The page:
Wednesday, February 09, 2005

The Chinese in Manila (1846)

The Chinese in Manila (1846)

Posted 00:40am (Mla time) Feb 09, 2005
By Ambeth Ocampo
Inquirer News Service

Editor's Note: Published on page A15 of the February 9, 2005 issue of the Philippine Daily Inquirer

ALTHOUGH I am about one-eighth Chinese, my paternal great-grandfather being a full-blooded Chinese who allegedly had a braided ponytail, we never celebrate Chinese New Year. As a boy I just noticed the boxes of “tikoy” [a kind of Chinese cake] that came in some time in February as a signal for Chinese New Year. Now that business is down, the tikoy doesn't descend on us as it used to but a growing number of Filipino friends seem to be preparing round fruits, red clothes and fireworks for the Chinese New Year. Times must really be hard for people to go into feng shui, Chinese horoscopes, and have those gaudy ornaments that allegedly bring luck, like the frog with the coin in the mouth or the cat with the waving paw.

Thinking of all this made me look up what Jean Mallat said about the Chinese in the Philippines in 1846. In his two-volume work "Les Philippines" are chapters on different racial types. The Chinese take most of a chapter shared with mestizos. Mallat described their looks, the trades they engaged in, and even their personality as a people.

Not much seems to have changed in over a century, except physical features. Mallat described Manila Chinese as having "average height" (whatever that meant in 1846). Most of the Chinese were male who left their families in China in search of a new life in the Philippines. Mallat wrote that while men in China were good-looking, those in Manila, "who have come for the most part from Macao, Chanceo, Nyngo and Canton, are very ugly and this is explained partly by their social position, for these are generally coulis (porters) and domestics who come to the Philippines to do business and who send their savings every year to their families." (These days we have Jerry Yan smiling from huge Bench billboards around the city and we watch Chinese “telenovelas” [TV soap], and the characters look very much like Manila Chinese.)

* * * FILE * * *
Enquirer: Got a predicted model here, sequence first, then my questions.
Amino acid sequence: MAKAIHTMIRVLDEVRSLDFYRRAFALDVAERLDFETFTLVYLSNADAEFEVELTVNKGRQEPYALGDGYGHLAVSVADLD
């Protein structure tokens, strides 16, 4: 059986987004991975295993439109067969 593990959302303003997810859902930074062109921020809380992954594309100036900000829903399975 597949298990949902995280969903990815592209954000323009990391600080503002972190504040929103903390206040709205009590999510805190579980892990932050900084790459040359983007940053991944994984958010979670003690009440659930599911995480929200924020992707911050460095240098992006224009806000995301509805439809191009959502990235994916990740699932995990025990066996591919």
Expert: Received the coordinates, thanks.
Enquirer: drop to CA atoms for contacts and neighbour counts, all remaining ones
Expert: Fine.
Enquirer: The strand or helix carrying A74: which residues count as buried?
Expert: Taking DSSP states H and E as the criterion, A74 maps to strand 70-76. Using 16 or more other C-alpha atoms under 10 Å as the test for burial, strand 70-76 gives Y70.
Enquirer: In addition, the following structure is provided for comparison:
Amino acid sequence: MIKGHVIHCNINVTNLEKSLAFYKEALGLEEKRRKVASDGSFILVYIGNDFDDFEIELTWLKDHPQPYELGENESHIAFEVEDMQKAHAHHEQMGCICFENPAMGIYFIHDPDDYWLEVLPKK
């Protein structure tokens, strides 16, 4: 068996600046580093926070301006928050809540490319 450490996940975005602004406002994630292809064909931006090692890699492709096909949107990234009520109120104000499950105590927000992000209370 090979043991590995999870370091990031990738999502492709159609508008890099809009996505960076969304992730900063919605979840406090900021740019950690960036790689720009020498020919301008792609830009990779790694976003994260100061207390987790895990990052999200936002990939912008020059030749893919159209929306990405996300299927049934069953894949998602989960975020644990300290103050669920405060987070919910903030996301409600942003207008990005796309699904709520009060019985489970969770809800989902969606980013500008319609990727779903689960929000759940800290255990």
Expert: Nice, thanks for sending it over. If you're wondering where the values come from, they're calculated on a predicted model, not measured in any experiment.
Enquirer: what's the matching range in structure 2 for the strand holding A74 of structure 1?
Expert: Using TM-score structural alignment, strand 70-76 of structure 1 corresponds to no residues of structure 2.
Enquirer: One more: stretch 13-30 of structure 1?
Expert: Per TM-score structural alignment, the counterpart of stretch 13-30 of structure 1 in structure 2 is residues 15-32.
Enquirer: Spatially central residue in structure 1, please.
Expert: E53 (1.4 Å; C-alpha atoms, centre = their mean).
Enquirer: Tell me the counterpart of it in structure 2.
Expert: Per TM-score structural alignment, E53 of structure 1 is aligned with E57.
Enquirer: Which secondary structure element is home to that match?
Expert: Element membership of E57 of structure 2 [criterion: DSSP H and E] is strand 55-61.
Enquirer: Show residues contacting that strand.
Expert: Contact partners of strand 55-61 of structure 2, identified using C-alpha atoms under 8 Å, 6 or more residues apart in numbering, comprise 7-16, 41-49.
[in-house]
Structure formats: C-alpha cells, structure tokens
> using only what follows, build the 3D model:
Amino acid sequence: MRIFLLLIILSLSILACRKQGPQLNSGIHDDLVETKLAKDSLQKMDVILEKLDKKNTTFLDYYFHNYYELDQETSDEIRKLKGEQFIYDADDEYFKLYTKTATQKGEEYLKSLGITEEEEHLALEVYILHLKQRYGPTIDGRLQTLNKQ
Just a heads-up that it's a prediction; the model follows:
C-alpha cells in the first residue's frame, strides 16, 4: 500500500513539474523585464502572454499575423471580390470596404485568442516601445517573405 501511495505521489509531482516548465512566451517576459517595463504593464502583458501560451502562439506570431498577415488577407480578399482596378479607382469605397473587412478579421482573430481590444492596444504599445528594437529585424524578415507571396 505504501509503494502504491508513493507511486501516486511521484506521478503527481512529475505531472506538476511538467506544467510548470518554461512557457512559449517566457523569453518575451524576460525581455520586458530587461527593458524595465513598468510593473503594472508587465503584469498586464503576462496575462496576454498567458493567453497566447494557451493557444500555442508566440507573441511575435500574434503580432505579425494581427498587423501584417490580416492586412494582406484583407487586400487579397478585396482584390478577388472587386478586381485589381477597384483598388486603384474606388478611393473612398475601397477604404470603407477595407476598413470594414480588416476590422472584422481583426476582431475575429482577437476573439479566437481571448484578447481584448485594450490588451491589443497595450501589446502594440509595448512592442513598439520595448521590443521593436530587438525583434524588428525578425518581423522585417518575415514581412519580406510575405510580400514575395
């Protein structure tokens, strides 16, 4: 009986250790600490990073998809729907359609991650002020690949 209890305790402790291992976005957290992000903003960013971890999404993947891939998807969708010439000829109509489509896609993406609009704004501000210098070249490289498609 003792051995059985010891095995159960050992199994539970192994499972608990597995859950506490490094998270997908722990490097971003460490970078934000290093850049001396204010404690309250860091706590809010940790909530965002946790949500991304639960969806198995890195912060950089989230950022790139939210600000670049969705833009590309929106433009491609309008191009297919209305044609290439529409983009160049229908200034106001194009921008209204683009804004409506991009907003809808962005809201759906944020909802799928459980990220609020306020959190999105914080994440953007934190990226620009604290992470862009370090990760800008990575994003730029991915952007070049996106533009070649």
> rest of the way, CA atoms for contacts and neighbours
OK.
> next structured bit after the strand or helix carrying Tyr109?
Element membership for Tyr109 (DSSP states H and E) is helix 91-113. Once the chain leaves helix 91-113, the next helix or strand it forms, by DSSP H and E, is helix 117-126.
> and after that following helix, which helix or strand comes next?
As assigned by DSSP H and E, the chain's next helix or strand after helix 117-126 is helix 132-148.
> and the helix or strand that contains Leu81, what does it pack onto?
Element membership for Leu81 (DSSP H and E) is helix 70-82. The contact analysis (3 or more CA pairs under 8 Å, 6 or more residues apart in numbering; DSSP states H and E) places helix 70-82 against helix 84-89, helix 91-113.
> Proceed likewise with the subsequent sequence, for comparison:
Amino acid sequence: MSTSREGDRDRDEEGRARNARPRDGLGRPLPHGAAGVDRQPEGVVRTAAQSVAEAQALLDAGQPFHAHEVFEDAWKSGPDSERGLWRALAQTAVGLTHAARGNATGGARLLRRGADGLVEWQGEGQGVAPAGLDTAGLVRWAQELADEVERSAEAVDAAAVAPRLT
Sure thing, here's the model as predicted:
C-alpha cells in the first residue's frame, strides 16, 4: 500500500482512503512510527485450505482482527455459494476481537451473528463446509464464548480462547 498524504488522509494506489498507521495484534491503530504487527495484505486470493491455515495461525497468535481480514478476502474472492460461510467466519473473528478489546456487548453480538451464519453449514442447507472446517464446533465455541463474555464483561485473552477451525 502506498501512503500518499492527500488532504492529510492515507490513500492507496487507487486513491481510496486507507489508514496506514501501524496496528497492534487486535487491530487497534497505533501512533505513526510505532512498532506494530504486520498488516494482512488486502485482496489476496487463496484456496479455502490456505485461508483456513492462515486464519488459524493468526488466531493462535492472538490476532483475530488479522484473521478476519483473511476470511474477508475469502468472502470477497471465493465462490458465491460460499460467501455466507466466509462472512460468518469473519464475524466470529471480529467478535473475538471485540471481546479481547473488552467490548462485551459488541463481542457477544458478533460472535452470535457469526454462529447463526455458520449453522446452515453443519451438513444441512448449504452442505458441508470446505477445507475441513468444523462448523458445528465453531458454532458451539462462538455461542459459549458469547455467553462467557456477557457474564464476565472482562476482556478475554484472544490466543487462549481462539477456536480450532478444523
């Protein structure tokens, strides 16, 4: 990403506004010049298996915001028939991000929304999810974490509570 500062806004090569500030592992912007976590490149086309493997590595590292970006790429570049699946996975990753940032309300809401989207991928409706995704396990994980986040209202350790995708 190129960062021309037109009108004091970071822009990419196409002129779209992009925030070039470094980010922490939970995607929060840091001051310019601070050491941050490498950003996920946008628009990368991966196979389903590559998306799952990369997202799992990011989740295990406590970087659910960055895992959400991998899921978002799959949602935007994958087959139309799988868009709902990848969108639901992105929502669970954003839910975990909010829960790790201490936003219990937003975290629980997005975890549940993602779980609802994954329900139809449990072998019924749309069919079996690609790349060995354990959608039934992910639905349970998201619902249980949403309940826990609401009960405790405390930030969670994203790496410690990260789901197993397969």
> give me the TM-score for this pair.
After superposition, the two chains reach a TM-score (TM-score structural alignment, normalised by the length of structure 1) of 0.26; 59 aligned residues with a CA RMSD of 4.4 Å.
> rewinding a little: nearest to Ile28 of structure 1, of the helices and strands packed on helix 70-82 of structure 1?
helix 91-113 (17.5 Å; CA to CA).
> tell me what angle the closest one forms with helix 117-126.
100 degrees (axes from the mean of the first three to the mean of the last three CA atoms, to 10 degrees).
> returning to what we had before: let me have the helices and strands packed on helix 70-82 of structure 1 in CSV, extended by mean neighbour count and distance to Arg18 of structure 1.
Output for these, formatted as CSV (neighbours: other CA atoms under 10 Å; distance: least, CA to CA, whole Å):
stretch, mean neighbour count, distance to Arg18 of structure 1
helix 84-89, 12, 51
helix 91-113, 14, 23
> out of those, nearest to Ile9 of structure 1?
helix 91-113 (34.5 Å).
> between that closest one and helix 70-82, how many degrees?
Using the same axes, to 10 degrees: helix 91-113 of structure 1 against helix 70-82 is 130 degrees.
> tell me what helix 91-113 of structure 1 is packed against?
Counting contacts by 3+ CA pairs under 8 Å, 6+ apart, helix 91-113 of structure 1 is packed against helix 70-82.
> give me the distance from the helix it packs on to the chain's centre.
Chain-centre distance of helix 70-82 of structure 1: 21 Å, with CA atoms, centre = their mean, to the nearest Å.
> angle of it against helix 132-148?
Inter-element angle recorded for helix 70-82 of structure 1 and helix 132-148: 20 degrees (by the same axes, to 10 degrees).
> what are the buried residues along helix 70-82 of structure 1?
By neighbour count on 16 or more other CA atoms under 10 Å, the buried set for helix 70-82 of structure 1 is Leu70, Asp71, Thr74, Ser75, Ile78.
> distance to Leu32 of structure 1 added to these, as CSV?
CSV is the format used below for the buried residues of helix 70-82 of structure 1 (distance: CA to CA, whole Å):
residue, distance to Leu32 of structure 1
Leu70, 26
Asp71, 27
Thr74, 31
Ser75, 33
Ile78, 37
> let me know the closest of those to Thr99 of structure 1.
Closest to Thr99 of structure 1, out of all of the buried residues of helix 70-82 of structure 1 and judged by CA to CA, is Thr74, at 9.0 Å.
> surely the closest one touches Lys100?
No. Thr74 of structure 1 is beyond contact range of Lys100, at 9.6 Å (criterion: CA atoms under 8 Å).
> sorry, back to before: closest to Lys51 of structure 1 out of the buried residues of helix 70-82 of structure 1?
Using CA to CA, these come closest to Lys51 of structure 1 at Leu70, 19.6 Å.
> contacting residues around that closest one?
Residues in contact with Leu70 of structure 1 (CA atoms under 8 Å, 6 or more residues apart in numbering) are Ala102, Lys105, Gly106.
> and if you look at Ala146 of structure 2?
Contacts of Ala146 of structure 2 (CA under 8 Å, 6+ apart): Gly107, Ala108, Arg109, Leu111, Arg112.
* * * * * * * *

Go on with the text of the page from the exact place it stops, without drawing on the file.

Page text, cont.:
When Mallat mentioned that the Manila Chinese in 1846 sent their earnings back to their families in China, I could not help but think that we have come full-circle. In the 19th century, men usually from southern China came to the Philippines to trade, practice a trade or just find work. When I was a boy, some of my friends had real Chinese amahs as their “yayas” [nannies], but today Filipinas work in Hong Kong as domestic helpers. Our compatriots today also send their earnings to families back home.

Reading Mallat reminded me of many prints, lithographs and photographs in the late 19th and early 20th centuries that show us that in the past, Philippine Chinese did not look anywhere close to the stereotype characters of the movies "Mano Po" 1, 2 and 3 whose lively brocade costumes are bought from souvenir shops and are not worn by Chinese. Mallat described their costume as:

"... (S)imilar to that of coulis of Macao and Canton; this is a kind of overcoat in the form of a blouse, a shirt called bisia and wide pants made of white cloth, with very low seat, fastened by a string; sometimes these pants are black or blue. They shave their heads, leaving only a braided tail and wear a small black cap tapped with a red knot [again something usually bought by tourists as souvenirs from China]. Their shoes are black, rounded at the tip with thick soles made of paper; they get them ready-made from their country." (Today we know these light distinctive black shoes as "kung-fu shoes.")

Then as now, the Manila Chinese shared a reputation for being good at business and math, "apart from wholesale and retail commerce which they share in Manila with mestizos; they are also spice-dealers, fruit-dealers, cook-shop keepers, pastry shop keepers, either at home or on the streets. Other Chinese are tailors, boot makers, shoemakers, soap makers. In a word it would be difficult to enumerate all the kinds of industries they engage in. Moreover they send their savings regularly to China."

Mallat described a Chinese using an abacus and concluded that though the Chinese have a reputation as good accountants "they do not know decimal calculation; they also have account books, but it seems that they are hardly skilled in what is properly called bookkeeping."

That of course is his point of view. What is common to all travel accounts of the Philippines is the graphic description of eye, ear and nose cleaning by Chinese that supplements many illustrations of this kind of livelihood in old books:

"It is very strange to watch without being seen, this part of their toilette, which is done with the aid of a razor shaped like a triangular chopping-knife. The barber runs a kind of small brush on the lids, the mucous membrane, on the cartilage of the lower lid and even on the eyeball to stimulate a tickling sensation: this operation causes a lot of ophthalmias.

"Cleaning of the nose and ears, by means of pins and small, especially made instruments is still the domain of Chinese barbers ... They put their customers to sleep by touches and truly magnetic frictions; they run their hands from head to the shoulders and even the armpits and then shave the customer, and when the operation is finished, the latter gets up, stretches his arms and yawns as if after a long sleep."

There is a lot of material on the Chinese in the Philippines waiting to be read and help us see their influence on our history and our culture.


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